• 28.
    • Pancrease
    • Insulin: Beta cells
    • - decrease blood sugar levels
    • - converts glucose to glycogen
    • - antagonists to glucagon
    • Hyposecretion:
    • Diabetes Mellitus: (Juvenile onset)
    • Type I – (Insulin Dependent)
    • - deficiency of insulin
    • - must take insulin
    • - makes person hyperglycemic
    • Type II - (Non-insulin dependent) (90% of adults)
    • - due mostly to obesity
    • - inability to respond to insulin
    • Gestational Diabetes: (during pregnancy only)
    • - disappears after delivery
    • - caused by weight gain during pregnancy
  • 29.
    • Pancrease (cont.)
    • Insulin (cont.)
    • Hypersecretion:
    • Hyper-insulinism
    • - causes hypoglycemia
    • - Insulin Shock (sugar pulled out of blood)
    • -convulsions, unconscious, can cause death quickly
  • 30.
    • Pancreas (cont)
    • Somatostatin: Delta Cells
    • - inhibits secretion of insulin and glucagon
    • Adrenal Cortex:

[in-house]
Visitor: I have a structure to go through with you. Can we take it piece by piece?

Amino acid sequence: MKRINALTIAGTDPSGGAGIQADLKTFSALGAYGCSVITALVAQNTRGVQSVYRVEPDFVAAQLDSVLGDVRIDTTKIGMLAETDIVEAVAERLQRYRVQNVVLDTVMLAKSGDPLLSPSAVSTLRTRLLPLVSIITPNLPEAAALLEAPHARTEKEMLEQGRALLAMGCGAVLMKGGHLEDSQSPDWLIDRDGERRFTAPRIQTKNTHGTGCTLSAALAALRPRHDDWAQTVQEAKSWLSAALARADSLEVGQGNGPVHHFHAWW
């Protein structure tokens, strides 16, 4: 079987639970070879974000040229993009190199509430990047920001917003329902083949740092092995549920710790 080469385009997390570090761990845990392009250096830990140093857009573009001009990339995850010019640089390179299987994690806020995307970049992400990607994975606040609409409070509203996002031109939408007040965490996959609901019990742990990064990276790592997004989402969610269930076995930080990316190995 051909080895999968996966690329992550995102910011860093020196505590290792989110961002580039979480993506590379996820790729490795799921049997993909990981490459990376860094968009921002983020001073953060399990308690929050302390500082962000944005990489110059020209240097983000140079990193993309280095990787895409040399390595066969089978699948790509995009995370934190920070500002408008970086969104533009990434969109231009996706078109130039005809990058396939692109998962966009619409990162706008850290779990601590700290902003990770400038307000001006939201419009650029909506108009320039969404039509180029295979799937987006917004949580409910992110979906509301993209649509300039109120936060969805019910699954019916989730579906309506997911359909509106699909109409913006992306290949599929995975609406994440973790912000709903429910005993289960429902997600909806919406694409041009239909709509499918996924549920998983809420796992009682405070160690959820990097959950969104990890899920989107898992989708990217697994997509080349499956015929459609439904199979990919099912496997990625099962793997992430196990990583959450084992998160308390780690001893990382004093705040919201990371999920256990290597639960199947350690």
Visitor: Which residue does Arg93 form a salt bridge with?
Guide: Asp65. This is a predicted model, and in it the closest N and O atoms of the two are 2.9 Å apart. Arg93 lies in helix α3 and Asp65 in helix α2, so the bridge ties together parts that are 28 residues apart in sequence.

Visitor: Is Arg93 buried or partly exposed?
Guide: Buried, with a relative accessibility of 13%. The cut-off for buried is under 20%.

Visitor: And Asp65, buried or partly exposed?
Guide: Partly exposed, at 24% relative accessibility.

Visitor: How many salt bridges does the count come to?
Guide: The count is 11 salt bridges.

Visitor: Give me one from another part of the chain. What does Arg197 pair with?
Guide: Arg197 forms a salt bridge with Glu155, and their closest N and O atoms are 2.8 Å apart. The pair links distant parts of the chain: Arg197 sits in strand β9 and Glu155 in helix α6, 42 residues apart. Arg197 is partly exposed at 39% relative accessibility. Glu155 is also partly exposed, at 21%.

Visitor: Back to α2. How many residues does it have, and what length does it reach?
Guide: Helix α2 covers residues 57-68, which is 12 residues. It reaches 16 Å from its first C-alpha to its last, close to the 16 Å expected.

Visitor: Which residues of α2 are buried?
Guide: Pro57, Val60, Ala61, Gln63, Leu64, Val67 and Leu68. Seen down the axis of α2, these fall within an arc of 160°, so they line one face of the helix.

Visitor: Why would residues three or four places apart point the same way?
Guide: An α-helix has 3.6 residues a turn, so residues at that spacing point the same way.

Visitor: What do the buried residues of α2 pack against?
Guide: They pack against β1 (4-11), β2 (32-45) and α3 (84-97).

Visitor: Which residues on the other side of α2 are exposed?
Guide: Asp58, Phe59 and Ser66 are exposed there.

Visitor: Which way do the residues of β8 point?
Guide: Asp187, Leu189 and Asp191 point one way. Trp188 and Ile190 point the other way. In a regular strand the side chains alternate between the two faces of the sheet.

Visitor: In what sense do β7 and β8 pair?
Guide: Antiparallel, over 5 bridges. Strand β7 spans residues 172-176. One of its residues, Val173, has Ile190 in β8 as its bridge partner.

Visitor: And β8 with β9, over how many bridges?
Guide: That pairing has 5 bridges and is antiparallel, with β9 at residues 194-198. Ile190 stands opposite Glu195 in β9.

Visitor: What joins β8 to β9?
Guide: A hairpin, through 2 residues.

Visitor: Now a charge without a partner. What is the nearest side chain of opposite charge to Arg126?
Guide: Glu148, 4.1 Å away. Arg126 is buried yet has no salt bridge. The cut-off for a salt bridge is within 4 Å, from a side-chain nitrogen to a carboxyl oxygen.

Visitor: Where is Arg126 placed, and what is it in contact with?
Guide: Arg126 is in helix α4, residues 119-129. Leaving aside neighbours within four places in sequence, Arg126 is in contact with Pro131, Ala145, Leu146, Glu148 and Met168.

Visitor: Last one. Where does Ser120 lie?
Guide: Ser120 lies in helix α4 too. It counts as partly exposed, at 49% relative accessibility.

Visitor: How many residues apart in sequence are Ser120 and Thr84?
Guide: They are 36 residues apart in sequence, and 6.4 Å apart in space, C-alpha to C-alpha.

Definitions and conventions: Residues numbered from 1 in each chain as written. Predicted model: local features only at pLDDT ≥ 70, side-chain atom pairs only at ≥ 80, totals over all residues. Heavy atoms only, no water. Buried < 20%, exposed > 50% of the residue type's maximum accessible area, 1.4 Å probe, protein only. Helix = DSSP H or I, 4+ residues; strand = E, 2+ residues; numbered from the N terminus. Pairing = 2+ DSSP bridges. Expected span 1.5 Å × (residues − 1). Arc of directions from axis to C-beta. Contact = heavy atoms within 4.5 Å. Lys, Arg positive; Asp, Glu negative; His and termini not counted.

• Aldosterone
    • - increases blood levels of Na and water
    • - decreases K levels
    • Hypersecretion:
    • Aldosteronism:
    • - excess Na and water in blood
    • - leads to hypertension (high BP)
  • 31.
    • Adrenal Cortex
    • Cortisol
    • - helps regulate metabolism
    • - resists stress
    • Hyposecretion:
    • Addisons Disease: discussed previously
  • 32.  
  • 33.
    • Cortisol (cont)
    • Hypersecretion:
    • Cushing’s Syndrom
    • - breakdown of muscle proteins
    • - redistribution of fat (face, back, abdomen)
  • 34.  
  • 35.
    • Adrenal Cortex:
    • Androgens:
    • - contribute to growth spurt, sex drive
    • Hypersecretion:
    • -Over masculinization
    • Female: beard growth
    • Male: deeper voice, baldness
  • 36.
    • Adrenal Medulla:
    • Epinephrine (Adrenaline)
    • Norepinephrine (Noradrenaline)
    • - both enhance the effects of the Sympathetic Nervous System during emergency
    • - speeding heart rate and other functions needed
  • 37.
    • Estrogen: from ovaries
    • - secondary sex characteristics
    • Progesterone: from ovaries
    • - pregnancy promoting hormone
    • - increased amounts made when pregnant
    • Testosterone: from testes
    • - growth and maintanance of male sex characteristics
    • - sperm production
    • - regulated by LH levels in blood
  • 38.
    • Pineal Gland:
    • melatonin
    • - may have a role in setting our night time and daytime cycles
    • Thymus:
    • (thymosin, thymic factor, thymic hormonal factor, thymopoietin)
    • - promotes development of T-cells (White Blood Cells) to fight infections